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EGEB: LA’s ‘revolutionary’ record low solar price, US company to stop insuring new coal plants, more

In today’s EGEB:

  • Los Angeles readies a record low solar price (with battery) that could be a game changer.
  • The largest US commercial insurance company is leaving coal.
  • A Virginia offshore wind project starts construction.

Electrek Green Energy Brief: A daily technical, financial, and political review/analysis of important green energy news.

The Los Angeles Department of Water and Power (LADWP) Board of Commissioners is expected to approve a two-phase 25-year power purchase agreement (PPA) priced at 1.997¢/kWh for 400 MWac / 530 MWdc of solar electricity, and 1.3¢/kWh for electricity from a 400 MW / 800 MWh energy storage system.

As first reported by pv magazine, the project, the Eland Solar & Storage Center, would be the cheapest solar rate in the country, and one of the cheapest in the world. As LADWP manager for strategic initiatives, James Barner told Forbes,

“This is the lowest solar-photovoltaic price in the United States, and it is the largest and lowest-cost solar and high-capacity battery-storage project in the U.S. and we believe in the world today. So this is, I believe, truly revolutionary in the industry.”

8minute Solar Energy is developing the project, which will be built in two 200 MWac solar phases, and is expected to go online in 2023. The LADWP is also in “advanced negotiations” with seven other solar projects.

The record low solar price follows another recent development in Southern California in which General Electric announced it would close a natural gas-fired plant — which has quickly become uneconomical and outdated — and sell the site for the development of a battery storage project.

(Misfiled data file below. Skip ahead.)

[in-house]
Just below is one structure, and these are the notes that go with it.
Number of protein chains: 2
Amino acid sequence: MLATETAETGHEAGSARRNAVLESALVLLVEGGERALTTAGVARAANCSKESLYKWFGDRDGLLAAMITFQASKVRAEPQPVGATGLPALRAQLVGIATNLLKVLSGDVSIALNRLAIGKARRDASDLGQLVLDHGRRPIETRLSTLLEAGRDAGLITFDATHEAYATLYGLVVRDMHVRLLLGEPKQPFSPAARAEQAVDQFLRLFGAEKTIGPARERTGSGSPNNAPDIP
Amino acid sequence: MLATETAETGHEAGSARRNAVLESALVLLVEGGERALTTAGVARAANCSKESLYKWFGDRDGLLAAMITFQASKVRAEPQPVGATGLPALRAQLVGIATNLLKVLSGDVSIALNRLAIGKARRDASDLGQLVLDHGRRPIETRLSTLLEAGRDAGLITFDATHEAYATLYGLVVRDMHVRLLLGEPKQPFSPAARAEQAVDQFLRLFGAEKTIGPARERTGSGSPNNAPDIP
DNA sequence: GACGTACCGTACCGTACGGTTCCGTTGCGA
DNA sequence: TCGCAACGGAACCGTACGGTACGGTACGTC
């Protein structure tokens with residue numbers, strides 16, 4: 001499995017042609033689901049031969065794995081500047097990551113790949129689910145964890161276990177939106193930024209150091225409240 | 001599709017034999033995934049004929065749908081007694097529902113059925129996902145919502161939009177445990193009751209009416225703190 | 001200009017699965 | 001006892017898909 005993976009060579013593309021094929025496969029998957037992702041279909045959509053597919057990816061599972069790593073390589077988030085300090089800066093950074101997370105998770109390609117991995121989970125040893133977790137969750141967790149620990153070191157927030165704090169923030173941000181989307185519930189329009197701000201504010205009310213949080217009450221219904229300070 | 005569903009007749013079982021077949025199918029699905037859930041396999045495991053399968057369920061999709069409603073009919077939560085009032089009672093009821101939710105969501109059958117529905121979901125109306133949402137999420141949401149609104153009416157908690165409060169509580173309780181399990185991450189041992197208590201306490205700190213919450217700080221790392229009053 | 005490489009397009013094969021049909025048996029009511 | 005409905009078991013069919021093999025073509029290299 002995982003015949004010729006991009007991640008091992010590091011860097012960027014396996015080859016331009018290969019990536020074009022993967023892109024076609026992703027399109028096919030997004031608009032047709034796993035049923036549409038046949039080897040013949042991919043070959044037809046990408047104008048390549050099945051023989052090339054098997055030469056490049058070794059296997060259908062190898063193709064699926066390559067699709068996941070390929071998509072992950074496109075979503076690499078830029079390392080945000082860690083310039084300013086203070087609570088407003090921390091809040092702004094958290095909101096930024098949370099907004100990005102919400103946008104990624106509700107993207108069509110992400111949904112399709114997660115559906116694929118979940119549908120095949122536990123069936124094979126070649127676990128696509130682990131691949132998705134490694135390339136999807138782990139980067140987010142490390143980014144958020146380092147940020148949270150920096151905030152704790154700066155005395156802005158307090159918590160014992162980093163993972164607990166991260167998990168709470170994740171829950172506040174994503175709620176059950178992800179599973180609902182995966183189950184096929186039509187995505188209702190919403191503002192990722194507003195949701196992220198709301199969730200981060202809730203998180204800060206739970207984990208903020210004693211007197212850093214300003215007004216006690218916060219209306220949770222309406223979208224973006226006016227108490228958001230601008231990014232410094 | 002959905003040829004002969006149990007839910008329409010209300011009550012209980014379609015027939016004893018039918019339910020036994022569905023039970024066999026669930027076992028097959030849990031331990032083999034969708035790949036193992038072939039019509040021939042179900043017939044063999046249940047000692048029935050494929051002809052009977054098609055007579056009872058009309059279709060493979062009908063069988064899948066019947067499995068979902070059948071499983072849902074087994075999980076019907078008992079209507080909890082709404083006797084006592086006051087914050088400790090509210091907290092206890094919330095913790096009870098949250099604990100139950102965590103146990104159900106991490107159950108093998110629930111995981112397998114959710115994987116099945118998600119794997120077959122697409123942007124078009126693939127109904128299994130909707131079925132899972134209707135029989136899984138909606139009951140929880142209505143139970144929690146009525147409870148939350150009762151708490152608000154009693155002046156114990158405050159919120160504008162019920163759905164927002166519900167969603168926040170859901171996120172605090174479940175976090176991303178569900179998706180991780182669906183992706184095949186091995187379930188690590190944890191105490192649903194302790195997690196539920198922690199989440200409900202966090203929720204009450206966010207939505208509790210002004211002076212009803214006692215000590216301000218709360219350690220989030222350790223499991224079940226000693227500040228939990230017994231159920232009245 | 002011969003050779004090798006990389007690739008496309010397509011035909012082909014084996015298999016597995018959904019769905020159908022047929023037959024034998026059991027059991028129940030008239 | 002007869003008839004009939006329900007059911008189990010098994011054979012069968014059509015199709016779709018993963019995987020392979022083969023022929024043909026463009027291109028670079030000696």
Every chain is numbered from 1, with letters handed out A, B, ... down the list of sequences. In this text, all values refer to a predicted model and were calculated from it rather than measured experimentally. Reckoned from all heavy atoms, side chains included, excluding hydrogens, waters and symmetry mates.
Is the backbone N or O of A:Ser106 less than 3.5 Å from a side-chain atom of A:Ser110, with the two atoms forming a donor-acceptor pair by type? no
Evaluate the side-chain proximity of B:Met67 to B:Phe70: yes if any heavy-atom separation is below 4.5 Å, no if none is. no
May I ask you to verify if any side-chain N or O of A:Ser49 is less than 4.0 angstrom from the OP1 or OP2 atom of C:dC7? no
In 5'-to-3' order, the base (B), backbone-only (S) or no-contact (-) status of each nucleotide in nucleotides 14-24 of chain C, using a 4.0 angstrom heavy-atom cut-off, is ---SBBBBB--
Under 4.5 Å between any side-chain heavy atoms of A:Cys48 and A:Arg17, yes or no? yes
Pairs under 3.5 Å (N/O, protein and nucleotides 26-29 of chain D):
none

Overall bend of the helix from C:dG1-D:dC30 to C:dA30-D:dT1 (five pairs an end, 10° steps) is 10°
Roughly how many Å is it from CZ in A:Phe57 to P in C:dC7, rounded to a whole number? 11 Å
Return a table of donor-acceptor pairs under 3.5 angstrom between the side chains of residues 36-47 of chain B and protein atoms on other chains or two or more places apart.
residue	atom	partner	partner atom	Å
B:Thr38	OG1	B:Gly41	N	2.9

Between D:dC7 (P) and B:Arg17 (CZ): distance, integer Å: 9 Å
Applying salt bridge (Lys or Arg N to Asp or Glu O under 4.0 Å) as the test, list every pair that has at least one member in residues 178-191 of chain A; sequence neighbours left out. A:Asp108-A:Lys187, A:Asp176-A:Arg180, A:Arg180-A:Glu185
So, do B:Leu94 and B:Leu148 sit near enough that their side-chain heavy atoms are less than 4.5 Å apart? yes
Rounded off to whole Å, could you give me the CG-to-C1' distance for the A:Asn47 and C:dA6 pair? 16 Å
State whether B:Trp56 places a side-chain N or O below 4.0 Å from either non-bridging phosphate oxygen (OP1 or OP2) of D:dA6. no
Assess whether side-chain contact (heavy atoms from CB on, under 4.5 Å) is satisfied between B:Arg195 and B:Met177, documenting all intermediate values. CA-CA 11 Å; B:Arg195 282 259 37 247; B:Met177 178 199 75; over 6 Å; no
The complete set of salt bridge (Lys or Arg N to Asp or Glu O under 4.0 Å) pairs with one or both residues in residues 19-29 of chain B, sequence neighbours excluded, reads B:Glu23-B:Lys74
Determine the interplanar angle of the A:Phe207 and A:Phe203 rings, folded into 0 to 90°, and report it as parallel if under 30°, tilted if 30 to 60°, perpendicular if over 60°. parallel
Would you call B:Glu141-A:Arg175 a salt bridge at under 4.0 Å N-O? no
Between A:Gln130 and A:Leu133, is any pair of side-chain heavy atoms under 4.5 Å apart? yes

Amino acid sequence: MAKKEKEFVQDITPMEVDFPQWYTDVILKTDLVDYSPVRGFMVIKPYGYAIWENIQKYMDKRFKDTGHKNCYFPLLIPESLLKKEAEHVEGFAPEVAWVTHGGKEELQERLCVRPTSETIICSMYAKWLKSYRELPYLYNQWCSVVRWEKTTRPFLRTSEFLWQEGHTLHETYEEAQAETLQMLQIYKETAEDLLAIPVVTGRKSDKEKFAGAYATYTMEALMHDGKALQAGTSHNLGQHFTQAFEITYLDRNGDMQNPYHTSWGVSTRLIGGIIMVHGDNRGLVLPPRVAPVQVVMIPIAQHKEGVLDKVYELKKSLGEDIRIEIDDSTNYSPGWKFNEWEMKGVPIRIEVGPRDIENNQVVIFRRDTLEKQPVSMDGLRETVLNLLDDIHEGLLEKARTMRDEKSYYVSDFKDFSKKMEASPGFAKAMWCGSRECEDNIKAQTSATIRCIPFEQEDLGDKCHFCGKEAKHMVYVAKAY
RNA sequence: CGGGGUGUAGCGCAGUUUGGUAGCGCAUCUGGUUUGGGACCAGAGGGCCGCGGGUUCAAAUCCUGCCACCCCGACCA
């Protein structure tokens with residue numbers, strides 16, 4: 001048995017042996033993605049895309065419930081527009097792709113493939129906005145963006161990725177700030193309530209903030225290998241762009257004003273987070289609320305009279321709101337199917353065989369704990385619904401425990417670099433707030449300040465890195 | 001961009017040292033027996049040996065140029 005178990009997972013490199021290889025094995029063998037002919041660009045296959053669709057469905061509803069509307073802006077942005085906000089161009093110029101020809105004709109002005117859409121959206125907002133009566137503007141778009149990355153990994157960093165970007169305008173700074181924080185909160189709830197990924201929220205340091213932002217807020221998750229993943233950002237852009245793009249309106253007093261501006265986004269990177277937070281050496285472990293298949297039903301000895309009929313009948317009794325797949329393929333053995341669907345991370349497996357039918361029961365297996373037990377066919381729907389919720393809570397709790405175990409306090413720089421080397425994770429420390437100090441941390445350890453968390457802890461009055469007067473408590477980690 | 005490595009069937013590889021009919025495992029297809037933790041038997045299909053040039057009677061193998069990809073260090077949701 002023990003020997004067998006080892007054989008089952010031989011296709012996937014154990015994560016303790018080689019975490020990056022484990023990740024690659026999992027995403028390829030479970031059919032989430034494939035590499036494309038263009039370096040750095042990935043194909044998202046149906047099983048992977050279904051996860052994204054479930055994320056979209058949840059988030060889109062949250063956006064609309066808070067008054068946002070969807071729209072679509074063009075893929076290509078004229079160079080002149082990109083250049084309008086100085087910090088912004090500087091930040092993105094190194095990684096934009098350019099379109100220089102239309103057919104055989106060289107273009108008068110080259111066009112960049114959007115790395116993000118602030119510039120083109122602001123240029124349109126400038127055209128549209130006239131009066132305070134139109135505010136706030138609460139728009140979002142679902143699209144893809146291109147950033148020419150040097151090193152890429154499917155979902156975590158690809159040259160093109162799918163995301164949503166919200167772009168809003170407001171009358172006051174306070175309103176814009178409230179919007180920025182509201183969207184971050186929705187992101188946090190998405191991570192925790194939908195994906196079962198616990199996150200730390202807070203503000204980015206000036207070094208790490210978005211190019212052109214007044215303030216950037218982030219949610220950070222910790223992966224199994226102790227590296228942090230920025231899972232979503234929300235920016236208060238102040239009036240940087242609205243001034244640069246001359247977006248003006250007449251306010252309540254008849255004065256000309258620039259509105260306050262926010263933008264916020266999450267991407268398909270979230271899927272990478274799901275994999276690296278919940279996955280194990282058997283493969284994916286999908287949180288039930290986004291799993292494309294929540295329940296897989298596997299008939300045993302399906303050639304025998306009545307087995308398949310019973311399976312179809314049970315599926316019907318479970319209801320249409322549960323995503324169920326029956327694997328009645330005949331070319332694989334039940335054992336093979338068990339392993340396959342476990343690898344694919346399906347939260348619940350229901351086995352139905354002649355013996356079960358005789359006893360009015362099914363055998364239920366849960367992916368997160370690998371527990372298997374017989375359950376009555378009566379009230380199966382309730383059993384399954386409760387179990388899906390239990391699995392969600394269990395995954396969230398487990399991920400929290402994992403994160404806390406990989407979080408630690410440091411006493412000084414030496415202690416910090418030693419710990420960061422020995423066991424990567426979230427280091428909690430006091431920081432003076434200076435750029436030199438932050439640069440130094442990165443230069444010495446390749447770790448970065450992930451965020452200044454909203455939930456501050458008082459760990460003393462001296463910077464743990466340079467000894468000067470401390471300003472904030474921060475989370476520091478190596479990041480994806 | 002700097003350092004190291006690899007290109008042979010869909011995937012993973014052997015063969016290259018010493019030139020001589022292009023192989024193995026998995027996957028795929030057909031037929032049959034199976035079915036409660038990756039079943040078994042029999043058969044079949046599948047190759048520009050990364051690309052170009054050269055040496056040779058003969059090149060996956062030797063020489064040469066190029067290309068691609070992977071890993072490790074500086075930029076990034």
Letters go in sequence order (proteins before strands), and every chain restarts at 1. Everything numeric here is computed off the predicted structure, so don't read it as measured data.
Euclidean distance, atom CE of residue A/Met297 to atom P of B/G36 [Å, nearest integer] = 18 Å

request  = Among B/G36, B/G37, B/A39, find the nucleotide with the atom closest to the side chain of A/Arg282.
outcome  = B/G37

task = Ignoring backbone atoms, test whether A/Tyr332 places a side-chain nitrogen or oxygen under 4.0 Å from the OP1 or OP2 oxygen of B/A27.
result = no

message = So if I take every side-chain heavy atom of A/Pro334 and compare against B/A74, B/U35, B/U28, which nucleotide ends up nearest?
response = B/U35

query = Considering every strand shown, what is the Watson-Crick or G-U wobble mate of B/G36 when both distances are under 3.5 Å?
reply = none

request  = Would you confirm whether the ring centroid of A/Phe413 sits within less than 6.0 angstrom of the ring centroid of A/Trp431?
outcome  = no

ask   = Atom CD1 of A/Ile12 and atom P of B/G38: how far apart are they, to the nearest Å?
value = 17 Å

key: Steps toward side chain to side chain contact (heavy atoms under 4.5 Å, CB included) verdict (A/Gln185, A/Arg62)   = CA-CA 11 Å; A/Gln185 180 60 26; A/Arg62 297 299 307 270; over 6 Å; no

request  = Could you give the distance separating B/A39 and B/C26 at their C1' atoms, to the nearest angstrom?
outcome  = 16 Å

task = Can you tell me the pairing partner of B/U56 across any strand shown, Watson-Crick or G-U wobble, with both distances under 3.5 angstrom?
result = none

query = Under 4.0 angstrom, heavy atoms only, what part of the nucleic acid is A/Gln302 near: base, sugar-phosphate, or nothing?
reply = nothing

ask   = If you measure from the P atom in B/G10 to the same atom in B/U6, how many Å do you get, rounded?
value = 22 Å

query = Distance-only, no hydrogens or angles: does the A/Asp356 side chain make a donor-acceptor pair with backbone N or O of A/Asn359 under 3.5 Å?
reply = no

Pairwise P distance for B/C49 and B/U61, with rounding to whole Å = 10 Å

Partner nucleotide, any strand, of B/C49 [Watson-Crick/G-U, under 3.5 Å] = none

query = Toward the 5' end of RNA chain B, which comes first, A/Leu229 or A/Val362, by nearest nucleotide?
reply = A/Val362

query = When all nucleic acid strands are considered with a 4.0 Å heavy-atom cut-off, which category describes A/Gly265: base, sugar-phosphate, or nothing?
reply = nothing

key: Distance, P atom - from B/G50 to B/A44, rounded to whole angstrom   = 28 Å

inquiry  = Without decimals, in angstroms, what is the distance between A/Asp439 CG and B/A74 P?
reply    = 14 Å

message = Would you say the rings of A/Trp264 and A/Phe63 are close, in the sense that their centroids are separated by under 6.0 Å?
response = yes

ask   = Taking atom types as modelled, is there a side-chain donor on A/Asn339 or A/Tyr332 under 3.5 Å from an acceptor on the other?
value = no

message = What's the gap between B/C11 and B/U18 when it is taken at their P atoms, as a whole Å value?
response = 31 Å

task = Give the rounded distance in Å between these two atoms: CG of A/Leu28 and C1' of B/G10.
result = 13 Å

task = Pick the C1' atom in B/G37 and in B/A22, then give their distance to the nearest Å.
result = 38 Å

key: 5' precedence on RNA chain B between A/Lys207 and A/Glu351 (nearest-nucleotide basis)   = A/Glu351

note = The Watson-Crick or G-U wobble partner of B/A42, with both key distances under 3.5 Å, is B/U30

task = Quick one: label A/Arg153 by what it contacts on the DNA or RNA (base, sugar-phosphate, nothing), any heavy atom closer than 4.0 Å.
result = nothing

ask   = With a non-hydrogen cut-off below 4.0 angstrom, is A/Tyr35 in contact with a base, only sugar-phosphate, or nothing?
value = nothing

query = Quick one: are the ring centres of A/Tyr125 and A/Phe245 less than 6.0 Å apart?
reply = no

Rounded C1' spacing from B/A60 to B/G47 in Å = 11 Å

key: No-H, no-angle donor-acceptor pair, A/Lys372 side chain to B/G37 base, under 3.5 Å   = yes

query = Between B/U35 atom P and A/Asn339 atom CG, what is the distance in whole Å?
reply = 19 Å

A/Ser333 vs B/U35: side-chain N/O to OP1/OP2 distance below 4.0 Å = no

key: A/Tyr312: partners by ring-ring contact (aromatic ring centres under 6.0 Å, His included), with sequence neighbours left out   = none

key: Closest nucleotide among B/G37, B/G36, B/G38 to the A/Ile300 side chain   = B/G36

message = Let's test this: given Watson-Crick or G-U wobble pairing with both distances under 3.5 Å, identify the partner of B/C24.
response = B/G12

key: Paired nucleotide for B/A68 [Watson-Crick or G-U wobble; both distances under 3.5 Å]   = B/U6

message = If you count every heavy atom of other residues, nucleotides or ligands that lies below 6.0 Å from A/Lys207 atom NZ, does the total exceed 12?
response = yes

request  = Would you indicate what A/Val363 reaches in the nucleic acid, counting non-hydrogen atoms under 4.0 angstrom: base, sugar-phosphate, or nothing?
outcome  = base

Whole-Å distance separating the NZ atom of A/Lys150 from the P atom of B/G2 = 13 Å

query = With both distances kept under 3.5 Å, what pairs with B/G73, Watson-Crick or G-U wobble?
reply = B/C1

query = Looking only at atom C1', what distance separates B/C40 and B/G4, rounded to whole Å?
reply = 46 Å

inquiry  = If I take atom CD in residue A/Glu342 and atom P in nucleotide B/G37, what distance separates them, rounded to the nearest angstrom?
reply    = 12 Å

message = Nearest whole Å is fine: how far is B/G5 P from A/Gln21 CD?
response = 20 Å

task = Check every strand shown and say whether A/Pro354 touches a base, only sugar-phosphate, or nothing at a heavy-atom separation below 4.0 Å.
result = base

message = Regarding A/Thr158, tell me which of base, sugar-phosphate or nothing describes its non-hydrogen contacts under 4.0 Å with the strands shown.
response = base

Another Coal Goodbye

As states leave coal behind and coal falls behind renewables in total capacity and recent electricity generation, there’s now more fateful writing on the wall for the flailing fossil fuel.

Chubb, the world’s largest publicly traded property and casualty insurance company, has unveiled a new policy on coal. Which is to say, it’s moving away from it. From Chubb:

  • New Coal Plant Construction & Operation. Chubb will not underwrite risks related to the construction and operation of new coal-fired plants. Exceptions to this policy will be considered until 2022 (i) in regions that do not have practical near-term alternative energy sources, and (ii) taking into account the insured’s commitments to reduce coal dependence.
  • Coal Mining. Chubb will not underwrite new risks for companies that generate more than 30% of revenues from thermal coal mining. Chubb will phase out coverage of existing risks that exceed this threshold by 2022.
  • Utilities. Chubb will not underwrite new risks for companies that generate more than 30% of their energy production from coal. Chubb will phase out coverage of existing risks that exceed this threshold beginning in 2022, taking into account the viability of alternative energy sources in the impacted region.
In addition to these underwriting changes, Chubb announced that it “will not make new debt or equity investments in companies that generate more than 30% of revenues from thermal coal mining or that generate more than 30% of energy production from coal.”

Offshore in Virginia

Construction started Monday on Dominion Energy’s Coastal Virginia Offshore Wind project, Norfolk’s ABC 13 reports. It’s a relatively small project — a 12 MW project with just two turbines built to power 3,000 homes — but it’s just the second offshore wind project under construction in the US, and the first in the region.

It’s also expected to be the start of something big, as Dominion Energy plans to invest up to $1.1 billion in offshore wind through 2023. The adjacent Virginia Wind Energy Area leased by the utility has the potential to support up to 2 GW of offshore wind.

Another plus with an initial project this small is the timeline. The utility expects the project will be complete and up and running by late 2020.

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